“We don’t really think about it. We’ve always felt quite independent as a band,” Stornoway’s frontman Brian Briggs tells me. I’ve asked him whether they relish being different. It’s not often you go backstage to find a band playing hacky sack, dressed in some of the most fetching bird-based jumpers I’ve seen this year. It’s also not often you hear a band like Stornoway, who blend folk instrumentation with pop melodies and lyrics about hiking, saltmarshes and being the beta-male.

“I think we’re quite honest with the songwriting about who we are and we don’t pretend to be rock stars because we’re not,” he says. “In terms of our lives and what we’re like as people there’s no massive egos in the band or anything. So that comes through I guess. There’s this honesty to it, but also a sense of fun about it. We don’t take ourselves too seriously. I think that diversity of moods comes through in the album.”

He’s talking about their latest record Bonxie, which shot into the top 20 the week it was released. It’s a record I was dubious about hearing. Their debut, Beachcomber’s Windowsill’s charm was its naivety, while the follow up Tales from Terra Firma chronicled Briggs’ marriage – about as mature a subject as it’s possible to explore. I just couldn’t place where they’d go next. Where do you go for inspiration once your love’s requited and the honeymoon’s over?

“The last record was definitely quite a personal one,” Briggs admits. “There was marriage and a bit of death. It was quite heavy really, and emotionally quite powerful. This one’s more outward looking and more open and diverse in terms of its subject matter. It’s a bit of a sunnier album and a bit of a simpler, fresher, poppier one.”

It’s also a record that fully explores a theme that’s been present in their music since the off: the great outdoors. Briggs has an Oxford University PhD in ornithology, something that’s reflected in the album’s incorporation of 20 different bird calls, using each one as an instrument in its own right.

“It’s pretty subtle and on a lot of the songs it’s really subtle. There’s a couple of moments where it’s much more obvious, but they’re only momentary and it doesn’t really have a big impact on the song. It’s just a bit of an atmosphere. Our thinking is just to try and help immerse the listener in the settings for those songs because a lot of them are set in the outdoors.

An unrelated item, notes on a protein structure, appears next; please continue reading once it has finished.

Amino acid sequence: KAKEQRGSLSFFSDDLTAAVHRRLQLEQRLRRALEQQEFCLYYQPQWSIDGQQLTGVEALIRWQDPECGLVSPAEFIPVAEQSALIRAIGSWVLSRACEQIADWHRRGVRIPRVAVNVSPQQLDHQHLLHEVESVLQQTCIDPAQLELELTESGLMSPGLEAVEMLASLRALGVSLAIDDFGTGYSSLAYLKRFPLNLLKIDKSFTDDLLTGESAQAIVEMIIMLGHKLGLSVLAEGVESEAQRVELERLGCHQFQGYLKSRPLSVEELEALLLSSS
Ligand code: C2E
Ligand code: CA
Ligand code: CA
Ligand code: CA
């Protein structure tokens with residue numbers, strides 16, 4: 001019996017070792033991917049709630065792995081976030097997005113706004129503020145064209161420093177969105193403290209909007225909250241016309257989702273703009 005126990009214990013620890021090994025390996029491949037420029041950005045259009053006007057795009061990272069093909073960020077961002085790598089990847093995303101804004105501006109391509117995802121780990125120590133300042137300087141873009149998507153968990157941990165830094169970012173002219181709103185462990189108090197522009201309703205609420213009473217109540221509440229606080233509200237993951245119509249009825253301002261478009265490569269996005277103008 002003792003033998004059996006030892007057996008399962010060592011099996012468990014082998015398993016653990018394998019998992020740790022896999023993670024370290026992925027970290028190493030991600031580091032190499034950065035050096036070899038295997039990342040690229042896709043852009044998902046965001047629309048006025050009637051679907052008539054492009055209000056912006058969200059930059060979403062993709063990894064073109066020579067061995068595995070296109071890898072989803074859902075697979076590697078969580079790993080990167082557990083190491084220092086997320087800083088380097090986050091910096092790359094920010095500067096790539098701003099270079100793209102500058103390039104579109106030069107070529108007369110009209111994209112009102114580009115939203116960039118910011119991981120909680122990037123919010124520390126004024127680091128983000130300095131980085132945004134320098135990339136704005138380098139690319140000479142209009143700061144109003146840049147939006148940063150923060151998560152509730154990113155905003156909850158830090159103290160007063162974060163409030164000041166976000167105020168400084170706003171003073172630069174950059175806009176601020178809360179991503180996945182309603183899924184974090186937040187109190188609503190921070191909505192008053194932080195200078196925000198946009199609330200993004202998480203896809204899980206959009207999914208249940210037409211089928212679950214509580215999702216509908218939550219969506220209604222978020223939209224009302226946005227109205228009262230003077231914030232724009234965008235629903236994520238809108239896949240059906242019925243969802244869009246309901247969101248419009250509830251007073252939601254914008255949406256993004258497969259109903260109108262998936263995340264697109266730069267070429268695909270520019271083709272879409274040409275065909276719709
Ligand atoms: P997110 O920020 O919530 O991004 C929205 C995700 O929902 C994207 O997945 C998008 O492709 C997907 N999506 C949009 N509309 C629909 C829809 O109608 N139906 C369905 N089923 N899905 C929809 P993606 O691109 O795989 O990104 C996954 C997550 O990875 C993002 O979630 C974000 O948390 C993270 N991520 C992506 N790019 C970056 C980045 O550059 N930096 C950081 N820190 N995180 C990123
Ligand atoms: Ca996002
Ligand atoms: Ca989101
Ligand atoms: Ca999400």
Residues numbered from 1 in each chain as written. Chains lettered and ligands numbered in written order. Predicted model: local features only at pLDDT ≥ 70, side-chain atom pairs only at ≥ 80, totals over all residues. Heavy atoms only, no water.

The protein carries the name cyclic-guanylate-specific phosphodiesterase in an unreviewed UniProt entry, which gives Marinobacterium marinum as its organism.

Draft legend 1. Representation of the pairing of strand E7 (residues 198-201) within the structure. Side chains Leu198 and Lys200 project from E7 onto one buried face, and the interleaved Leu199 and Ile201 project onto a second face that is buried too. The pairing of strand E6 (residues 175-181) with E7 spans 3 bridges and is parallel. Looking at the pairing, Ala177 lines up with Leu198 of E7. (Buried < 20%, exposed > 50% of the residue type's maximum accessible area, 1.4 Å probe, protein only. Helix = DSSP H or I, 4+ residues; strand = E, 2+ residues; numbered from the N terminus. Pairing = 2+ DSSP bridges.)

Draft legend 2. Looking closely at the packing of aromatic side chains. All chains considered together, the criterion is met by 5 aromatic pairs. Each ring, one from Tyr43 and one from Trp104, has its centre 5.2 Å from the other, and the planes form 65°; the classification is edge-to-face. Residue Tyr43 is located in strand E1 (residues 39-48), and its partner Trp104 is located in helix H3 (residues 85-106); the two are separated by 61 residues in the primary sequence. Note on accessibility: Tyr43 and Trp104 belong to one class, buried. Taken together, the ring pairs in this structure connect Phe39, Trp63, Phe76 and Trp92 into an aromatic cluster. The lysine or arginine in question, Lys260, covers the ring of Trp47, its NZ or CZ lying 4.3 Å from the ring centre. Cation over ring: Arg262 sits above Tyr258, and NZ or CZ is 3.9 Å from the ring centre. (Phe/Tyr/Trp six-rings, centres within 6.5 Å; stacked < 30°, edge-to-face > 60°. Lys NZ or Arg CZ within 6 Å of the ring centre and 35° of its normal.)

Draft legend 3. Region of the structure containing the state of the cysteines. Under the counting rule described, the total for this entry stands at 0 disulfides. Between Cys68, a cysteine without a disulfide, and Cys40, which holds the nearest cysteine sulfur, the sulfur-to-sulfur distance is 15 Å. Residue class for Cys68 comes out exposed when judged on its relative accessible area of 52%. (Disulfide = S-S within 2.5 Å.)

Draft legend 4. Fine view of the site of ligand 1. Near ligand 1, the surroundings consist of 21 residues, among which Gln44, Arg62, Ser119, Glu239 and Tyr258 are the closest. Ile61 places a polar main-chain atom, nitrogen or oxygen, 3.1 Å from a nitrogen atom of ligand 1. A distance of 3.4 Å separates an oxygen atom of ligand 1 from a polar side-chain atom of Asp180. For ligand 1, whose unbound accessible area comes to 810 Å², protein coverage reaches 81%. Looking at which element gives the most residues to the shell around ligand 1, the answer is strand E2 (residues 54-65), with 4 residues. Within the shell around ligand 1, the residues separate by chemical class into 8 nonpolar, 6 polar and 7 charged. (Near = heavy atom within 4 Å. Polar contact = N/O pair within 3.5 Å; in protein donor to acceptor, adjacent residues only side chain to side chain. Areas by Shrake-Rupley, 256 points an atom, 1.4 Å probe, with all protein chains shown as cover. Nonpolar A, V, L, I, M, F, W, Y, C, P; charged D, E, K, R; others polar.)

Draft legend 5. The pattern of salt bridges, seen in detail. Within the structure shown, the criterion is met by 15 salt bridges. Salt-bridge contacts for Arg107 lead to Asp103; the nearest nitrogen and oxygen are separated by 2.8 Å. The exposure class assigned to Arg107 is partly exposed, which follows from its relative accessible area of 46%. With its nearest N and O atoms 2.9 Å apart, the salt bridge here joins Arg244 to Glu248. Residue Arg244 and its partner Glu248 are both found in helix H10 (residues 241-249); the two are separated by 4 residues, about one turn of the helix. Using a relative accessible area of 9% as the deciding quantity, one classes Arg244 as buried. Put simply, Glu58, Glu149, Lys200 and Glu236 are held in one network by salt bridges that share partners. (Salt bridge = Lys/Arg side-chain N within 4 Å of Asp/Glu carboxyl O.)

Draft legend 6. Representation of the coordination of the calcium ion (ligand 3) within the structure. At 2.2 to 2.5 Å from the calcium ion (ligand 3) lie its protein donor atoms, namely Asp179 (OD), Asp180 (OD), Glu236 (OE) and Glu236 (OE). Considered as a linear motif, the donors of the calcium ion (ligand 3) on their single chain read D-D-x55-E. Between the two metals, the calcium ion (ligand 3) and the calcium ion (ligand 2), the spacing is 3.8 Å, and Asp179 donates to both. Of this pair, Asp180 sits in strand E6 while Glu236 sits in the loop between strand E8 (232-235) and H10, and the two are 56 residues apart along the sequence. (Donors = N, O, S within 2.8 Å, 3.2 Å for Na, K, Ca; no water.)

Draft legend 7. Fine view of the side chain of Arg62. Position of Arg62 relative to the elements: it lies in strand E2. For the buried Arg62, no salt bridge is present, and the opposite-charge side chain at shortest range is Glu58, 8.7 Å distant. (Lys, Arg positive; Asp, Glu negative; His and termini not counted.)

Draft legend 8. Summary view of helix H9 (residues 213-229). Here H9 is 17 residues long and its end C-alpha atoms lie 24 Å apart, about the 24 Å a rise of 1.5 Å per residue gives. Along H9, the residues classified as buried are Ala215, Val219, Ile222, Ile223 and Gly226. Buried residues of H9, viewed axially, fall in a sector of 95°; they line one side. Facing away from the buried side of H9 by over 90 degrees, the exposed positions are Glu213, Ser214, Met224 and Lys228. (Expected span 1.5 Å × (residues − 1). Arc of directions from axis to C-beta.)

“It’s combining my two passions really, the natural world and music. Because my background is in wildlife conservation and I’ve been able to bring that in quite a lot with this album. Partly because of having moved to South Wales – somewhere a bit wilder than Oxford – to write it, but also because it seemed to fit with this slightly less personal focus, so I was able to feed more from the outdoors in terms of the inspiration for it all.”

And it doesn’t end there, they’ve just announced three intimate gigs in RSPB sanctuaries where Briggs tells me he’s hoping for some “real birdsong in the background”. It seems strange, then, that the 20 calls weren’t part of the record from the start, but were rather added at a later date behind the back of producer Gil Norton (Pixies, Foo Fighters). “The bird thing? We had to put that on after he’d gone”, Briggs laughs. “I don’t think he’d have been too into the idea.”

The result is an album that feels vast and spacious. From opener Between the Saltmarsh and the Sea (“it’s kind of like With or Without You but without Bono,” Briggs claims, “we’ve replaced Bono with a marshy brain-like habitat.”), through flawless pop gem Get Low, to the stunning Road You Didn’t Take and modern-day sea shanty Josephine. I was wrong to be dubious, it’s arguably their best work yet. And they’re fast becoming one of the most consistently brilliant bands around.